A Community Devoted to the Preservation and Practice of Celestial Navigation and Other Methods of Traditional Wayfinding
From: David Iwancio
Date: 2022 May 16, 20:13 -0700
Both formulas are simply different attempts to make a curve that fits the results of far more complicated math. The constants don't represent anything beyond what the author feels is the best fit for whichever refraction model they're trying to approximate.
I'm pretty sure the model of "A * cot[Ha + B/(Ha+C)]" was the brainchild of the author G. G. Bennett in a paper, published by the Royal Institute of Navigation, titled "The Calculation of Astronomical Refraction in Marine Navigation." It was one of two or three models he introduced, of various complexities, and analyzed them (and others) against the then-standard refraction model developed by B. Garfinkel, published in the Astronomical Journal. Bennett was specifically looking for simple-ish formulas that could easily be calculated on an inexpensive handheld calculator.
The form using 7.31 and 4.4 is from Bennett's original paper. Since then the Nautical Almanac has moved to a new refraction model, and C. Y. Hohenkerk of the HMNAO tweaked the constants in Bennett's formula to 7.32 and 4.32 to better fit (two specific points in) the new tables, and that version is in the appendix of recent editions of the Nautical Almanac. I'd guess the version with 6.82 and 4.024 is something Frank came up with himself.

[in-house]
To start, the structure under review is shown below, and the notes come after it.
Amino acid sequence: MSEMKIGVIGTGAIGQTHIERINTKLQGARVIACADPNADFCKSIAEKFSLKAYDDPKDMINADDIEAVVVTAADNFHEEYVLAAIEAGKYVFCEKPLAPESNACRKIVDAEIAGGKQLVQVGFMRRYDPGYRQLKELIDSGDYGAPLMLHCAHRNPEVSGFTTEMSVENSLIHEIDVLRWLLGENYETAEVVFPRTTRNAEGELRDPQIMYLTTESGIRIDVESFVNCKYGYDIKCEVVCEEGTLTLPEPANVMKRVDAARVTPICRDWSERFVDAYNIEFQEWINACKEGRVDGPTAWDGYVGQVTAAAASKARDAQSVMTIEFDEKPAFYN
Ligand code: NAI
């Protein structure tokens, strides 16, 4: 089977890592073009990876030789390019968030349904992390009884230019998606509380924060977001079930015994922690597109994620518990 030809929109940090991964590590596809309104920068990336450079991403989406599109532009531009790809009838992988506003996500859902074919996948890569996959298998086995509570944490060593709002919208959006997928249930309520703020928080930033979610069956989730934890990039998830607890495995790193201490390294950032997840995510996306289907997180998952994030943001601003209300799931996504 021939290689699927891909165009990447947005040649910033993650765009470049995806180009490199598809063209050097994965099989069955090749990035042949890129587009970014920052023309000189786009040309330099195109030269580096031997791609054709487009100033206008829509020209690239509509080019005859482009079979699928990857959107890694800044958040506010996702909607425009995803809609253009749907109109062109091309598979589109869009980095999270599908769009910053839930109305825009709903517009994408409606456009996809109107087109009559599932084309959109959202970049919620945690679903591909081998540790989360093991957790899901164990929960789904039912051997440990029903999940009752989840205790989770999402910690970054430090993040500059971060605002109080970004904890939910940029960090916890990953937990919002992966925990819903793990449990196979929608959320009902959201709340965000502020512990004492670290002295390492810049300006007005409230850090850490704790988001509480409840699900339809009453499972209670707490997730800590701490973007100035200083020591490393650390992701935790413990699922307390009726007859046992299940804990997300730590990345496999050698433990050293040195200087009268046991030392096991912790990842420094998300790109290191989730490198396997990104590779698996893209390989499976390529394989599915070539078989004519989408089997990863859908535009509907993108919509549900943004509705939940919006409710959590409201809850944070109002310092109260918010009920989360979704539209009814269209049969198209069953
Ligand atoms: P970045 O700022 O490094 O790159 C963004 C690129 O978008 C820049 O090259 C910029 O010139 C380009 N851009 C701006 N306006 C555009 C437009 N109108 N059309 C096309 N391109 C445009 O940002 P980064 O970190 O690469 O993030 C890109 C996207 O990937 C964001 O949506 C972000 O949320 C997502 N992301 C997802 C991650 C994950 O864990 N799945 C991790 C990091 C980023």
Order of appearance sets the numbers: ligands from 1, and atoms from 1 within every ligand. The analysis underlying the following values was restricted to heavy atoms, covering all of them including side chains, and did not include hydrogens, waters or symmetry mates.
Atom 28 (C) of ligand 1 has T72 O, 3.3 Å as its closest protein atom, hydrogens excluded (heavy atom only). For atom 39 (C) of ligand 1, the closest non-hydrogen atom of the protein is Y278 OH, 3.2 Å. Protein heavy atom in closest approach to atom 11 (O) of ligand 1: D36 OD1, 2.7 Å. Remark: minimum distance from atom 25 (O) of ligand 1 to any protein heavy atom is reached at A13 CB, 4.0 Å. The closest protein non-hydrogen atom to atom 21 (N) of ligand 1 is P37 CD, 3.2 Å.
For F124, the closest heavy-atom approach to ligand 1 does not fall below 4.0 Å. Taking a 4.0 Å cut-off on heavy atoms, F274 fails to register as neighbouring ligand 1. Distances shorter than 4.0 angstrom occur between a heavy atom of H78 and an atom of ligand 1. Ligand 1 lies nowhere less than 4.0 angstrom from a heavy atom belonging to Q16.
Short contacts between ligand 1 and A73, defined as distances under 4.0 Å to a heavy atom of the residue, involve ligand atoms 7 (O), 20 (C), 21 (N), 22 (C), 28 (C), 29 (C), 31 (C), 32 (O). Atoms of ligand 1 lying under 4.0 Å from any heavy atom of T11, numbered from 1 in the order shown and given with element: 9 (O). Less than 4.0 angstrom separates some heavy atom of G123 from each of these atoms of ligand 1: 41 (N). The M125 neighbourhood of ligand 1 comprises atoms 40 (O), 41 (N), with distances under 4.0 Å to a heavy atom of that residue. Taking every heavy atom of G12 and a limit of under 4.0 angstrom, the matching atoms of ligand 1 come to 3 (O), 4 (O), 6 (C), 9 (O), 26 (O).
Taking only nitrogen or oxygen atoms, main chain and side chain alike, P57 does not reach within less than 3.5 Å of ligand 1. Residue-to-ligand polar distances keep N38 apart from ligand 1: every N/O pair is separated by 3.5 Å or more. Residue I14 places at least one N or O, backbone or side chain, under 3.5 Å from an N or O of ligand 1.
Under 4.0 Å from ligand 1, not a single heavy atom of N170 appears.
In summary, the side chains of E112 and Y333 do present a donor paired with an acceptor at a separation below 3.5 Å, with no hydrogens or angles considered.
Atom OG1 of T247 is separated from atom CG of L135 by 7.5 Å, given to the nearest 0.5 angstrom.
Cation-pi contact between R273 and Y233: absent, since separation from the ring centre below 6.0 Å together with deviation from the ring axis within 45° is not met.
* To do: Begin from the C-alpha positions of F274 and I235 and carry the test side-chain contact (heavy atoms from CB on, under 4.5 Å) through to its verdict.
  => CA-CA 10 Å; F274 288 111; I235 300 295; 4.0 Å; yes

For anything over 15° above the horizon or so, any formula involving the contangent of the altitude is just as good as any other. The usual one I've seen for just those altitudes is 0.95 * cot(Ha). Some authors suggest using different formulas for different ranges of altitudes, to avoid things like having a non-zero refraction at altitude 90° (which is a sin committed by Bennett's model).
Refraction much below 10° gets into "It's Complicated!" territory and you really shouldn't worry about fractions of an arcminute.
The Nautical Almanac and other sources almost always allow for modifications for local temperature and barometric pressure, and for most practical purposes those are the only modifications needed to get a usable refraction number down to maybe 5° or so. But at lower altitudes other factors become signifigant, like humidity and even the local gravity (varying with latitude). A 2004 paper I've looked at by A. T. Young in the Astronomical Journal suggested that you could get refraction numbers accurate to the nearest arcminute down to 2° altitude if you launched a weather balloon to sound air temperatures up to around 1000 meters above you. Refraction at altitudes below 2° you're mostly just fooling yourself and the numbers you find are simply reasonable guesses; there are just too many unknowns above and/or beyond your visible horizon.